“I see the adornments I make as stories, stories about cultures and people. I call my work an alternative kind of journalism.” Yasmine Dabbous is describing the necklaces she creates for her Kinship Stories line, a Beirut-based jewelry collection in which each piece acts as a narrative, bringing to life the people and ways of life Dabbous encounters on her travels. Each individual necklace she makes for her line is a unique piece, often combining textiles, silver, antique finds and museum-quality rarities she uncovers on her journeys.
It’s fitting that Dabbous, who earned her degree in textile design in 2018 from the Fashion Institute of Technology in New York City, thinks of her work as a form of journalism. Dabbous started her career years before as a journalist in Beirut, but soon became disenchanted with much of the published work she saw in the media. “In the Arab world, as a journalist, you have a choice between trauma and corruption, and I didn’t want either,” says Dabbous. “I didn’t want to do the ‘ista’bala, wadda’a’ journalism: Hariri met with so and so, Aoun met with so and so.”
Dabbous wanted to tell deeper stories, and after going back to school to get her PhD in cultural history and journalism at Louisiana State University, she became an assistant professor of journalism and media studies at LAU. But it was a heart condition that inspired her to forge a new path. After heart surgery in 2012, she went to New York to convalesce, and ended up enrolling in FIT, first in jewelry design and later focusing on textiles, a lifelong passion of hers.
Soon she was combining her jewelry and textile work with found objects, and making necklaces for a line she initially called Ethnic Tree. In 2015, she rebranded it as Kinship Stories.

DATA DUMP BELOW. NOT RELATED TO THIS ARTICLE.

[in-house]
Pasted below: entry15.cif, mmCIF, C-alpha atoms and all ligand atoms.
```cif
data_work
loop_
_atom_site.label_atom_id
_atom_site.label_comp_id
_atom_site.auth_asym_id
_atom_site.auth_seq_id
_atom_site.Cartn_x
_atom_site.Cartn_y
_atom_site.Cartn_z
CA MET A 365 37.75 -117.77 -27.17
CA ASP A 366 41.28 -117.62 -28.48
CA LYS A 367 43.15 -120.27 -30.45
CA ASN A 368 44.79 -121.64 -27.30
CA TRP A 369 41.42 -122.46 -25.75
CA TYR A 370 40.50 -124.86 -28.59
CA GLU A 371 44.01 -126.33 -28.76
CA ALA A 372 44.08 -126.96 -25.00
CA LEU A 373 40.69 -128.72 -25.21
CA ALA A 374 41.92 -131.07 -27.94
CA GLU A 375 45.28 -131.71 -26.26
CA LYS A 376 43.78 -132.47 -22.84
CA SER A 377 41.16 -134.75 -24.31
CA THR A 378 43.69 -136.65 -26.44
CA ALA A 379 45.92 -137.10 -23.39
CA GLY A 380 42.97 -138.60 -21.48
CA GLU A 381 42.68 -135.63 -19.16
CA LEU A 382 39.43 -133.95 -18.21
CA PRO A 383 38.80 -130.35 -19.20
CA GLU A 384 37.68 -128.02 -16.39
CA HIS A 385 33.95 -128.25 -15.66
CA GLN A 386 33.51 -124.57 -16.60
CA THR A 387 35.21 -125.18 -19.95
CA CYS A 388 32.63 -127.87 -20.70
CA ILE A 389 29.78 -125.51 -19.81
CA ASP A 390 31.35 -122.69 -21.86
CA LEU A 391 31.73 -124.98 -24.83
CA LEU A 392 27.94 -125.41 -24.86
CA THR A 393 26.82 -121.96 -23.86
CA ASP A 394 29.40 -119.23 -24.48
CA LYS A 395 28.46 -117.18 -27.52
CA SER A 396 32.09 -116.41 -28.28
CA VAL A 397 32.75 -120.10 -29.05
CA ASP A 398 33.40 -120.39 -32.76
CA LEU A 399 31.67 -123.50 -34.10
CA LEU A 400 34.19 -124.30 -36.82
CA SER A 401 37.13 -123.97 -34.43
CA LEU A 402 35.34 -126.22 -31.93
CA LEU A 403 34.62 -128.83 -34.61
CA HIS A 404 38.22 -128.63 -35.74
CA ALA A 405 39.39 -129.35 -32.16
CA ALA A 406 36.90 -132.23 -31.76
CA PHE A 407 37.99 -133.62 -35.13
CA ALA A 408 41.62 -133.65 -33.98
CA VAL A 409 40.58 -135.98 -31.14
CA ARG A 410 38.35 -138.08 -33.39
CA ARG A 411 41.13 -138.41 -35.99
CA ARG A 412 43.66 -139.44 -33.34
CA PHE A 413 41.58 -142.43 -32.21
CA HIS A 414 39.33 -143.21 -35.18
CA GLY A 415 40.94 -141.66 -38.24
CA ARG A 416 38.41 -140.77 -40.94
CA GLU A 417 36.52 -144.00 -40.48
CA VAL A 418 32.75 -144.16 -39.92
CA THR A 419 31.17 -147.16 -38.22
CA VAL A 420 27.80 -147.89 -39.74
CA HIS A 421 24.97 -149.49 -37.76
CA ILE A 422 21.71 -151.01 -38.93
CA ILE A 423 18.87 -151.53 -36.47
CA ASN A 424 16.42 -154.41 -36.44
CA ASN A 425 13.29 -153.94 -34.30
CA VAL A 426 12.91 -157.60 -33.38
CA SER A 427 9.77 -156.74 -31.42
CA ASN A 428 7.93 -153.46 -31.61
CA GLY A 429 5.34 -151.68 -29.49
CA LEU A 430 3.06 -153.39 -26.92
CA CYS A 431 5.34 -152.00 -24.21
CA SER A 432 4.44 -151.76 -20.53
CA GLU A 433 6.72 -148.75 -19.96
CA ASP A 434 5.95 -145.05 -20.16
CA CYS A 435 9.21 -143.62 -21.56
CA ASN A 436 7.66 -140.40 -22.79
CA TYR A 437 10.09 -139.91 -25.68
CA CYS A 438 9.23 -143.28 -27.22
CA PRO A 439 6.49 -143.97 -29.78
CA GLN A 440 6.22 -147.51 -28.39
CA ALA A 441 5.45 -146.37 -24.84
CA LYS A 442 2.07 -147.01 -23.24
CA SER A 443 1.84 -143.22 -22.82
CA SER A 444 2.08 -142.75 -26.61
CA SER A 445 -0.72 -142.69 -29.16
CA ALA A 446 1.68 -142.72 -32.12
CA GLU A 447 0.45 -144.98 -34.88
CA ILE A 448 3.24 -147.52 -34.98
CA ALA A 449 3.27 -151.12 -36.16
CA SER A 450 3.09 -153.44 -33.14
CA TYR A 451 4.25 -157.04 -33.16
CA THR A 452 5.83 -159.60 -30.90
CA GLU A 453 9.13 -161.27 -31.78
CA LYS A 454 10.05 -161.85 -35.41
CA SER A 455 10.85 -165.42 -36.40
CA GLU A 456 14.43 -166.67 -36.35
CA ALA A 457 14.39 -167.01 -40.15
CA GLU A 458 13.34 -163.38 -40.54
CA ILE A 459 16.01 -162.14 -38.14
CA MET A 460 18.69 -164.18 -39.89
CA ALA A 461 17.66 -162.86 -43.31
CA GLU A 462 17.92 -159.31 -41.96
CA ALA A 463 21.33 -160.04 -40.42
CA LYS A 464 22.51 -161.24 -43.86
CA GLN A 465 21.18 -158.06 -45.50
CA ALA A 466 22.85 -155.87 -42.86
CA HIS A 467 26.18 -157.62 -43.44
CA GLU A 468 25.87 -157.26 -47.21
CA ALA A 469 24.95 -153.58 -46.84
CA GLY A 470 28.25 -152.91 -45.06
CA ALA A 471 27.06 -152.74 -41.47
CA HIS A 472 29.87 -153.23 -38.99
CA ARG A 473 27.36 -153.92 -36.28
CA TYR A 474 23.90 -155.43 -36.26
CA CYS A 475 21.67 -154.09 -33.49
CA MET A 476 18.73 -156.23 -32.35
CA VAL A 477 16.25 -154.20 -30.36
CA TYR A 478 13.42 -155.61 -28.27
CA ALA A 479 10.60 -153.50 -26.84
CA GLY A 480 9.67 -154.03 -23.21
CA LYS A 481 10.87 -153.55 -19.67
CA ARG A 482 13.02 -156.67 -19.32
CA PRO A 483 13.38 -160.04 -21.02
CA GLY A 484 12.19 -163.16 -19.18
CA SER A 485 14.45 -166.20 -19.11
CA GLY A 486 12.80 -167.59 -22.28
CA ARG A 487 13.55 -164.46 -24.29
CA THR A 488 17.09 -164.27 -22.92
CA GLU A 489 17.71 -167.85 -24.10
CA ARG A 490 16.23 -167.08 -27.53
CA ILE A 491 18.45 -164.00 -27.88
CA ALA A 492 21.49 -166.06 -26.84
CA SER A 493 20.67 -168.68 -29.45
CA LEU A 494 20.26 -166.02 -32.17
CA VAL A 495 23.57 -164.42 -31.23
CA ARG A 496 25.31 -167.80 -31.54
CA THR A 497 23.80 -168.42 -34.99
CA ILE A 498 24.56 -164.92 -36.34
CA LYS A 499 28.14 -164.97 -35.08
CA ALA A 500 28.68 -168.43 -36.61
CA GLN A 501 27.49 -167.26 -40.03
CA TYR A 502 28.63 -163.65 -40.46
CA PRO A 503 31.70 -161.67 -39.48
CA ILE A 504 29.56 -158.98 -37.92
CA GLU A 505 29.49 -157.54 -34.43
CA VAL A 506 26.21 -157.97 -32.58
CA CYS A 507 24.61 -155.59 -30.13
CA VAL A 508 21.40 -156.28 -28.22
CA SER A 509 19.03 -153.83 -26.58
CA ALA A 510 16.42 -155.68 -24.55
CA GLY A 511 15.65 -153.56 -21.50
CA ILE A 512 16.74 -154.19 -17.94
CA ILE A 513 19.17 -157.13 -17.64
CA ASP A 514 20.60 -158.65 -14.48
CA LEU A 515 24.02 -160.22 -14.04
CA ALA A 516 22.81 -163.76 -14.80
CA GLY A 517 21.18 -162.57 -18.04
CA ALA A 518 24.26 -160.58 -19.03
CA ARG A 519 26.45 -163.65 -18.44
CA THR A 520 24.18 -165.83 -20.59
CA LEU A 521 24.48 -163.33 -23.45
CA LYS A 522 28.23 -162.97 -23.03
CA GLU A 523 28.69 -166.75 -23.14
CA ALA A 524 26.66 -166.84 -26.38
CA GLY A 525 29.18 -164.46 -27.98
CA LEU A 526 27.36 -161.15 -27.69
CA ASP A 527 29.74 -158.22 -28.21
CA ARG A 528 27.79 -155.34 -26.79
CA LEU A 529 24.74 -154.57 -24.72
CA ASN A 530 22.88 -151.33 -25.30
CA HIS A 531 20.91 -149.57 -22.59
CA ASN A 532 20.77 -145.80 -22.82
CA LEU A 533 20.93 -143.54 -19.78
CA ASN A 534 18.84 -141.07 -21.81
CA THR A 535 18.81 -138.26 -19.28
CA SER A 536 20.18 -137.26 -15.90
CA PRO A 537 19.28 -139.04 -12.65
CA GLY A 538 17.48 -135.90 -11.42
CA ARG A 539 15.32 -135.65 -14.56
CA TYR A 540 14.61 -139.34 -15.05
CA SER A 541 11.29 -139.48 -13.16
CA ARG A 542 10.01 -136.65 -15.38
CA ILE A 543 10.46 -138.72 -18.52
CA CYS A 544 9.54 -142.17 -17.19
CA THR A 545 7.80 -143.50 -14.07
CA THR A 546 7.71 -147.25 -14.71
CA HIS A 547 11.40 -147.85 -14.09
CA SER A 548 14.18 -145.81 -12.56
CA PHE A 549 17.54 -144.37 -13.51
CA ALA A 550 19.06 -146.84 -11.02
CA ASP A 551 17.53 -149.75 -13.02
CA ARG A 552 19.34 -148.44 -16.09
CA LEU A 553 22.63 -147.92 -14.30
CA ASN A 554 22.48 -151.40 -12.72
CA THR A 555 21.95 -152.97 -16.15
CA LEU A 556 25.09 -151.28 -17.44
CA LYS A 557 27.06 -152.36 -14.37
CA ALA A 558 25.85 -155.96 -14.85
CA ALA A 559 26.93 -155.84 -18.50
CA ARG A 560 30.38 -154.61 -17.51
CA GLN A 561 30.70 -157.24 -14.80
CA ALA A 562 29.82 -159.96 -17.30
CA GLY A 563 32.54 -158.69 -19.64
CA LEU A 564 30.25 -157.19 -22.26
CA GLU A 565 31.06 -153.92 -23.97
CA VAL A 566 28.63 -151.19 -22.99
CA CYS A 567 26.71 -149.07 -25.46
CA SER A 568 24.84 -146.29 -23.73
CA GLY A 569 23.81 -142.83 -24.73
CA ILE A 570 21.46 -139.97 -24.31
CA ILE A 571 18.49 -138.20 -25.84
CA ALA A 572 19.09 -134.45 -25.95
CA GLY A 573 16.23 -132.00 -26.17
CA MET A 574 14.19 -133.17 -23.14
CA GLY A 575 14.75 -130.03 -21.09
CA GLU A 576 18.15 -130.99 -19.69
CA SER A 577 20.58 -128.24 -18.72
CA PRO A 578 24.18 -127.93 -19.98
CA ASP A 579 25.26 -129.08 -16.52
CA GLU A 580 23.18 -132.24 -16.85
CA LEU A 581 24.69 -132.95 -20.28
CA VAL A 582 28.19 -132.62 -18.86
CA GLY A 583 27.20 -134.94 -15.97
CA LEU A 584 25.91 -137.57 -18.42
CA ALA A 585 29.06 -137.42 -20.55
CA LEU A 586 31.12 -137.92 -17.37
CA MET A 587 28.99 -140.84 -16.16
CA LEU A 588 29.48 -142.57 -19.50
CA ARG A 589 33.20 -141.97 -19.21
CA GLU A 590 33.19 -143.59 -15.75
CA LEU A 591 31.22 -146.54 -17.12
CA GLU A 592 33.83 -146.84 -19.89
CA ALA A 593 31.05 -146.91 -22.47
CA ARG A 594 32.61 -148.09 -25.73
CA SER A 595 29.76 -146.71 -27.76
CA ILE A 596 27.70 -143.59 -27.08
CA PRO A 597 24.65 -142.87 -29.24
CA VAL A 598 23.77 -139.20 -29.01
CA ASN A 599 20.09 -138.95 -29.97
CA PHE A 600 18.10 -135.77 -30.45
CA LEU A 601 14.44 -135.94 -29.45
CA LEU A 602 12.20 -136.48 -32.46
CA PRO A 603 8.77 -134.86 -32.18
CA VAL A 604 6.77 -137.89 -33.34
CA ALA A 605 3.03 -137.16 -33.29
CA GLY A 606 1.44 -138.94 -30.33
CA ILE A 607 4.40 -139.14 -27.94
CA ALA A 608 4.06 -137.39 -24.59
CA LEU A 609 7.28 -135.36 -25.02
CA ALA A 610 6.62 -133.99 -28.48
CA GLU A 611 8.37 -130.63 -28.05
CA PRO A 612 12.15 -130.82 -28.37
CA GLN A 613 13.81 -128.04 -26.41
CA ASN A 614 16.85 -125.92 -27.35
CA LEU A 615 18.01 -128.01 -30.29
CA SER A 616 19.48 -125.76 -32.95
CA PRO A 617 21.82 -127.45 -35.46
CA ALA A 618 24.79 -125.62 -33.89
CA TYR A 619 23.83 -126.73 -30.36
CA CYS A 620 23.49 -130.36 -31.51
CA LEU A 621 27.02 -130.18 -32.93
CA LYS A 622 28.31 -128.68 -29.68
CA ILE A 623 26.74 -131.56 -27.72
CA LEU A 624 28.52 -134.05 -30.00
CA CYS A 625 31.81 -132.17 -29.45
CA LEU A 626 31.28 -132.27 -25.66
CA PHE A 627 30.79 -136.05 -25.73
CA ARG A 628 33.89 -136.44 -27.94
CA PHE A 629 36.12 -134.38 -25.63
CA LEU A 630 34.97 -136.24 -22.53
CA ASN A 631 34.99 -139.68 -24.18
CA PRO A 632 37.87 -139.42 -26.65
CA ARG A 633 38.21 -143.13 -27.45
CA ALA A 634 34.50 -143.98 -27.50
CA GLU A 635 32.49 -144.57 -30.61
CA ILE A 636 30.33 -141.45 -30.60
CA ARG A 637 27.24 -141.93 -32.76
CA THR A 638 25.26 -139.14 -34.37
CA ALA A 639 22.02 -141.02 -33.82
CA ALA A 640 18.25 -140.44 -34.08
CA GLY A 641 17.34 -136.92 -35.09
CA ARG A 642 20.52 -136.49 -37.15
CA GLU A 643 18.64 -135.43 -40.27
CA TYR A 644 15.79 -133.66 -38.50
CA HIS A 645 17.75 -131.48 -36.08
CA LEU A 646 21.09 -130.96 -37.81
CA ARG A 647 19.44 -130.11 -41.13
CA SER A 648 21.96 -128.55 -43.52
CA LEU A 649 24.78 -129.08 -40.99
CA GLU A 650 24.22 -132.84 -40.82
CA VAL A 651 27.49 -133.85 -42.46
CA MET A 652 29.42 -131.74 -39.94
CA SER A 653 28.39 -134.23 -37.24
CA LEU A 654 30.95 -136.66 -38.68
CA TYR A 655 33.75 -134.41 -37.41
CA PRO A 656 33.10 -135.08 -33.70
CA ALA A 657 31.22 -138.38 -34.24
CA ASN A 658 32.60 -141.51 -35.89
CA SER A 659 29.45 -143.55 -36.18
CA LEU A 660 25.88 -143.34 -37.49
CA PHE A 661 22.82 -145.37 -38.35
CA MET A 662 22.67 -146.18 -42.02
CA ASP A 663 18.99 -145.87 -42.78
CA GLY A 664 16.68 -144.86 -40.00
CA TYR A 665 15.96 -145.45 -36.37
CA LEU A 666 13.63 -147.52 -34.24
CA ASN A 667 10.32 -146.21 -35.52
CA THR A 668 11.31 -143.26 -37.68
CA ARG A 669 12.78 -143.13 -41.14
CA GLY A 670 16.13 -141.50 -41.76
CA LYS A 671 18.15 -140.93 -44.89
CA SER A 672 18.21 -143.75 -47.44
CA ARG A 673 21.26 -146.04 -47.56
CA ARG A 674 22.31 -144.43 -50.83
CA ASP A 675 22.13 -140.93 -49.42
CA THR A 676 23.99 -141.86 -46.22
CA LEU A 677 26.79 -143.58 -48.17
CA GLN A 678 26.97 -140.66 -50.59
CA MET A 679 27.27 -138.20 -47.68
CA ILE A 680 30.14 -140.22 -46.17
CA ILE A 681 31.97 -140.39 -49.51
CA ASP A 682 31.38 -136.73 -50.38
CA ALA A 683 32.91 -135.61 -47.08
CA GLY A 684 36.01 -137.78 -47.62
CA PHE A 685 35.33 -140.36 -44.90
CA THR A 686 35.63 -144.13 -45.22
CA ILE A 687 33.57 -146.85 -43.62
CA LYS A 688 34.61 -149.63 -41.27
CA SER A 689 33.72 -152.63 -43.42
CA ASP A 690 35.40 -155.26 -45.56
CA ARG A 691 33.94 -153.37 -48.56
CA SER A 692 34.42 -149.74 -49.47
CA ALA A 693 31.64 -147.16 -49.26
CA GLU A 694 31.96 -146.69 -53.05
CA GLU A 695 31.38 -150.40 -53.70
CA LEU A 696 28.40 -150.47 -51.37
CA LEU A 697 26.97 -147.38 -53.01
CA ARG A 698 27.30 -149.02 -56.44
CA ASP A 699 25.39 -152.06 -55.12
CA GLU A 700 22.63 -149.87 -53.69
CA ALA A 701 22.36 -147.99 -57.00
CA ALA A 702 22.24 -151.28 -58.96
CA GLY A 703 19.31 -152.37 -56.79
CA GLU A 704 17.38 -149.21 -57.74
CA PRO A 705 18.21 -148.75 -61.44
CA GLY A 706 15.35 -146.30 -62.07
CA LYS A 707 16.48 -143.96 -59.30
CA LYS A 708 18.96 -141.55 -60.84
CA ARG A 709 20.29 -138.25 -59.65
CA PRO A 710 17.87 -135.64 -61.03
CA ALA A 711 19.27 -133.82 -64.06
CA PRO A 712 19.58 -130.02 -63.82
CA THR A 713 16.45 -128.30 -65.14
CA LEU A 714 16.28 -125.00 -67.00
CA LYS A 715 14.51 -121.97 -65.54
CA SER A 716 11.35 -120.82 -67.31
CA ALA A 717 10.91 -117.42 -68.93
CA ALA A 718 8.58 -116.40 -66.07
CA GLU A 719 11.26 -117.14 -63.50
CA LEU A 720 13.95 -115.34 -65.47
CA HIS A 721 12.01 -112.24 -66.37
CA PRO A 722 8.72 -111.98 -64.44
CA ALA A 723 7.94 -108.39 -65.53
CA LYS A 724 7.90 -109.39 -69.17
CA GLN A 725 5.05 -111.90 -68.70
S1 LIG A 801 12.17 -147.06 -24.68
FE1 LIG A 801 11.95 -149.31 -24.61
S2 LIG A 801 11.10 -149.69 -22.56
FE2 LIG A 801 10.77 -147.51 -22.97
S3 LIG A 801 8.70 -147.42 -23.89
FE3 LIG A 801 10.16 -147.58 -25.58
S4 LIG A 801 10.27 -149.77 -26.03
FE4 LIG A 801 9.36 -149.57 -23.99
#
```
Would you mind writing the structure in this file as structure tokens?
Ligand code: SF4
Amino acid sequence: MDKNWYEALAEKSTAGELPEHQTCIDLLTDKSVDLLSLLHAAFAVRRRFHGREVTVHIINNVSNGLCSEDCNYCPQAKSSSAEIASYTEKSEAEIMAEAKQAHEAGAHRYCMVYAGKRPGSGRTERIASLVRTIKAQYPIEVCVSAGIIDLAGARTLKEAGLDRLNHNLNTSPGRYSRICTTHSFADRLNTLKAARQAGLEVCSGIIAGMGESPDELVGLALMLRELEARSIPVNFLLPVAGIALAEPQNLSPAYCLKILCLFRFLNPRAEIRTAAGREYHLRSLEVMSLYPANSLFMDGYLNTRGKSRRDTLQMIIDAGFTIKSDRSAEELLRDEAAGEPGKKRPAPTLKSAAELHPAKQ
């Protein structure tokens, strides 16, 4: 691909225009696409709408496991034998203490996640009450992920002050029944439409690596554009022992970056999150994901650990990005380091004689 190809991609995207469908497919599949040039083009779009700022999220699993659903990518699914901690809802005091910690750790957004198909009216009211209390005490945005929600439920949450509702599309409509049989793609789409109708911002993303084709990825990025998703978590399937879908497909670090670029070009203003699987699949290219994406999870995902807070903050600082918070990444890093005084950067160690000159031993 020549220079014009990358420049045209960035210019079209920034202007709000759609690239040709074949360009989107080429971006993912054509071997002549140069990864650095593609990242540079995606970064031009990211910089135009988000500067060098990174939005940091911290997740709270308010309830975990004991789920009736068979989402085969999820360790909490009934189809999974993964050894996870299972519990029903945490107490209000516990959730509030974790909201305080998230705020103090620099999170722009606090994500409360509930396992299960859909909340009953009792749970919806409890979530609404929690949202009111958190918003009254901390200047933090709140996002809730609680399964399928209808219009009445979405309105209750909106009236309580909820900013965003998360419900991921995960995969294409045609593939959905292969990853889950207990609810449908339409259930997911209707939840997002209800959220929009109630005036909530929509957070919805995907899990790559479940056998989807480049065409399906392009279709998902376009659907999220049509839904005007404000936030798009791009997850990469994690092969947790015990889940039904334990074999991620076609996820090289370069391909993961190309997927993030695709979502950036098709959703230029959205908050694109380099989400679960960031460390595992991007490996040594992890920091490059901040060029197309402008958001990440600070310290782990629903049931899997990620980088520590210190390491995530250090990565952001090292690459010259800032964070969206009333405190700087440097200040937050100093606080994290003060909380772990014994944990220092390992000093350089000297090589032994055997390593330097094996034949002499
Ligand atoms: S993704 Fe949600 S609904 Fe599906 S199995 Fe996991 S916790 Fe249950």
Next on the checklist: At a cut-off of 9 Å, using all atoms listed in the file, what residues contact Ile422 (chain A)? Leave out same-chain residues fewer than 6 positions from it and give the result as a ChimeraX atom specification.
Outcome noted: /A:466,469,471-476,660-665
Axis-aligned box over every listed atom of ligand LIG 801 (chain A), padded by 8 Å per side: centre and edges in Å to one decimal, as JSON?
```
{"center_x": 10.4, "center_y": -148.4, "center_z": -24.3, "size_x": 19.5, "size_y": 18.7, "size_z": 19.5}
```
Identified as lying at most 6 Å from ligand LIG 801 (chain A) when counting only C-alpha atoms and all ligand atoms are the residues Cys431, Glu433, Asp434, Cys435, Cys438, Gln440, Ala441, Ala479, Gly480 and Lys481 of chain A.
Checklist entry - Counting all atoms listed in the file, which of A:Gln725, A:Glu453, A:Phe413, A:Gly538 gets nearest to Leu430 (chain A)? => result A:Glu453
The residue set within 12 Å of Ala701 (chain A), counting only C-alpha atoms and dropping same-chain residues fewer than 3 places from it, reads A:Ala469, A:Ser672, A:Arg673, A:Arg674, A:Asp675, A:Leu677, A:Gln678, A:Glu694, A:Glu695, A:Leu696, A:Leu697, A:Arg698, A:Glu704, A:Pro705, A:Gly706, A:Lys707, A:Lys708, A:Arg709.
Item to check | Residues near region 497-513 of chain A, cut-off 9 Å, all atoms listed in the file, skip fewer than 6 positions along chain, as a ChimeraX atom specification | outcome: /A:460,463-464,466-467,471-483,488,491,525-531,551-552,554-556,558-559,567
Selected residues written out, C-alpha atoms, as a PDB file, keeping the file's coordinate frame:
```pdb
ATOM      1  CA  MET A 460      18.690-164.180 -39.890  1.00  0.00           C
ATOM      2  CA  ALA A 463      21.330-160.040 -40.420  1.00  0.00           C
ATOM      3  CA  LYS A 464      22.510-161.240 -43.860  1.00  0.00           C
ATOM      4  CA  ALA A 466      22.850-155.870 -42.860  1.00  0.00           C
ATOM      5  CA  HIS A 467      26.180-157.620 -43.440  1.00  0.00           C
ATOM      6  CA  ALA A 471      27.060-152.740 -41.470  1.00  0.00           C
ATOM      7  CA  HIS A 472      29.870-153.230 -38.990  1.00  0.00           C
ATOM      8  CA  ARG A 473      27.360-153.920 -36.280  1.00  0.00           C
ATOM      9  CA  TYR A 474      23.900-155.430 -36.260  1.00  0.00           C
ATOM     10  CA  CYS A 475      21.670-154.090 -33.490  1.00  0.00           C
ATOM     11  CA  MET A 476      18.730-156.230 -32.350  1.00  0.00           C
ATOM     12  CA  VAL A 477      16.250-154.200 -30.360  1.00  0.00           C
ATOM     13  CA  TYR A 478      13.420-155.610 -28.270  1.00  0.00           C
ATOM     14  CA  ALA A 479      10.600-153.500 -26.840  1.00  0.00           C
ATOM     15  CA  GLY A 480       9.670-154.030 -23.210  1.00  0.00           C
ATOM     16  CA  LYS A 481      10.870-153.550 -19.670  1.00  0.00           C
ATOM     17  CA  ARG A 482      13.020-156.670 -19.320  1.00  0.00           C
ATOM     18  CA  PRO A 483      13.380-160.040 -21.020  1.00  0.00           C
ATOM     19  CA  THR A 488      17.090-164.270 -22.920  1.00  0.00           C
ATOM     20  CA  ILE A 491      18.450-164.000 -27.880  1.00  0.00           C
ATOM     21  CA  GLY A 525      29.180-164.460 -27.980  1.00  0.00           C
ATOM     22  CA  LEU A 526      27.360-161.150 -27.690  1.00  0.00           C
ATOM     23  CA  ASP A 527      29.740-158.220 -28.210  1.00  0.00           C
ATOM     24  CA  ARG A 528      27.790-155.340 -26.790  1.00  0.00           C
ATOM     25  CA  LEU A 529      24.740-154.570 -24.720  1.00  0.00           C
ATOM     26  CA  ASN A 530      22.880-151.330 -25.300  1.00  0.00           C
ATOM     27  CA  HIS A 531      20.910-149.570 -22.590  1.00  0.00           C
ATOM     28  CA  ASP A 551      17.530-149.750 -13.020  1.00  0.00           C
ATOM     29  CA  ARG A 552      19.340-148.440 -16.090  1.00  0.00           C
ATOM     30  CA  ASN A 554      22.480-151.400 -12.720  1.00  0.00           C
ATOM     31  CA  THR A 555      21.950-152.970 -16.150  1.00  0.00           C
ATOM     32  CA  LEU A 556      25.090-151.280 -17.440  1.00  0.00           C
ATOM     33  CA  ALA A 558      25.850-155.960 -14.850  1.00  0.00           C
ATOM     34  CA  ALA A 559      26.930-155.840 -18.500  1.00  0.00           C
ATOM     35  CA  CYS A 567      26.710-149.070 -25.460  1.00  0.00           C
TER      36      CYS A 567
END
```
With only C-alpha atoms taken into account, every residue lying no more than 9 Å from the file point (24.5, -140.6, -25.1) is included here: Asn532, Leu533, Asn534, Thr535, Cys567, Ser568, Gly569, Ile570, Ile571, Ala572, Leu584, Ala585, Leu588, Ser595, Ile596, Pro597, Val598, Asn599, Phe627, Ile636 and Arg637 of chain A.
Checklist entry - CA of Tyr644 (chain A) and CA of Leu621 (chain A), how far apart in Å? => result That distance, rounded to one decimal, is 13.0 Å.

One necklace she created starts with a silver collar piece handmade in Egypt, which she adorned with 19th-century coins from the Ottoman empire, beaded silver pieces from Yemeni bridal necklaces and hand-embroidered triangular textile pieces made by Thailand’s Flower Hmong tribe. “So many cultures use triangular amulets as protective devices,” she says.
The vintage tassels on the necklace are from the Rabari community in northeastern India. “For tribal women, tassels indicate status,” she explains. “Since these tassels are made of wool, they’re not important as a status symbol, but they’re important because they’re around 50 to 60 years old, and they’re rare to find.” An appliqué pendant comes from a belt she found in Vietnam. “This is an identity indicator. When the woman is wearing this belt, you know which tribe she comes from,” says Dabbous. What story does this necklace tell? The meaning is up to the wearer, who can contemplate its many intertwined narratives, or simply admire how its pieces create a whole.
Recently she did an entire necklace collection inspired by Syria. On one, she arranged enameled pieces she made herself out of copper covered with glass powder and fired in a kiln. On another, she added an enameled pendant with holes she drilled into it. The pieces “were meant to be painful but also poetic,” she says. The colors “were dominated by blue and white for peace and serenity, and red and black for war and violence.”
Dabbous sells her work only through exhibitions and at Beirut’s Espace Fann, the space she co-founded with her sister-in-law and business partner Nour Tannir in Ain el Mreisse. Necklaces are mostly priced in the $250-$450 range and go up to $1,000, but she sometimes offers pieces priced at $90 for specific commissions. She employs Syrian refugees to help assemble certain parts of a necklace and to create jobs for the community, but Dabbous does the majority of the handiwork on each piece herself. The process takes time, but she has no plans to speed it up. “I was told once that if you want to make good money, you have to give someone your necklaces to make,” Dabbous says. “I said no, I want to make them by hand. I love the feel of the handmade.”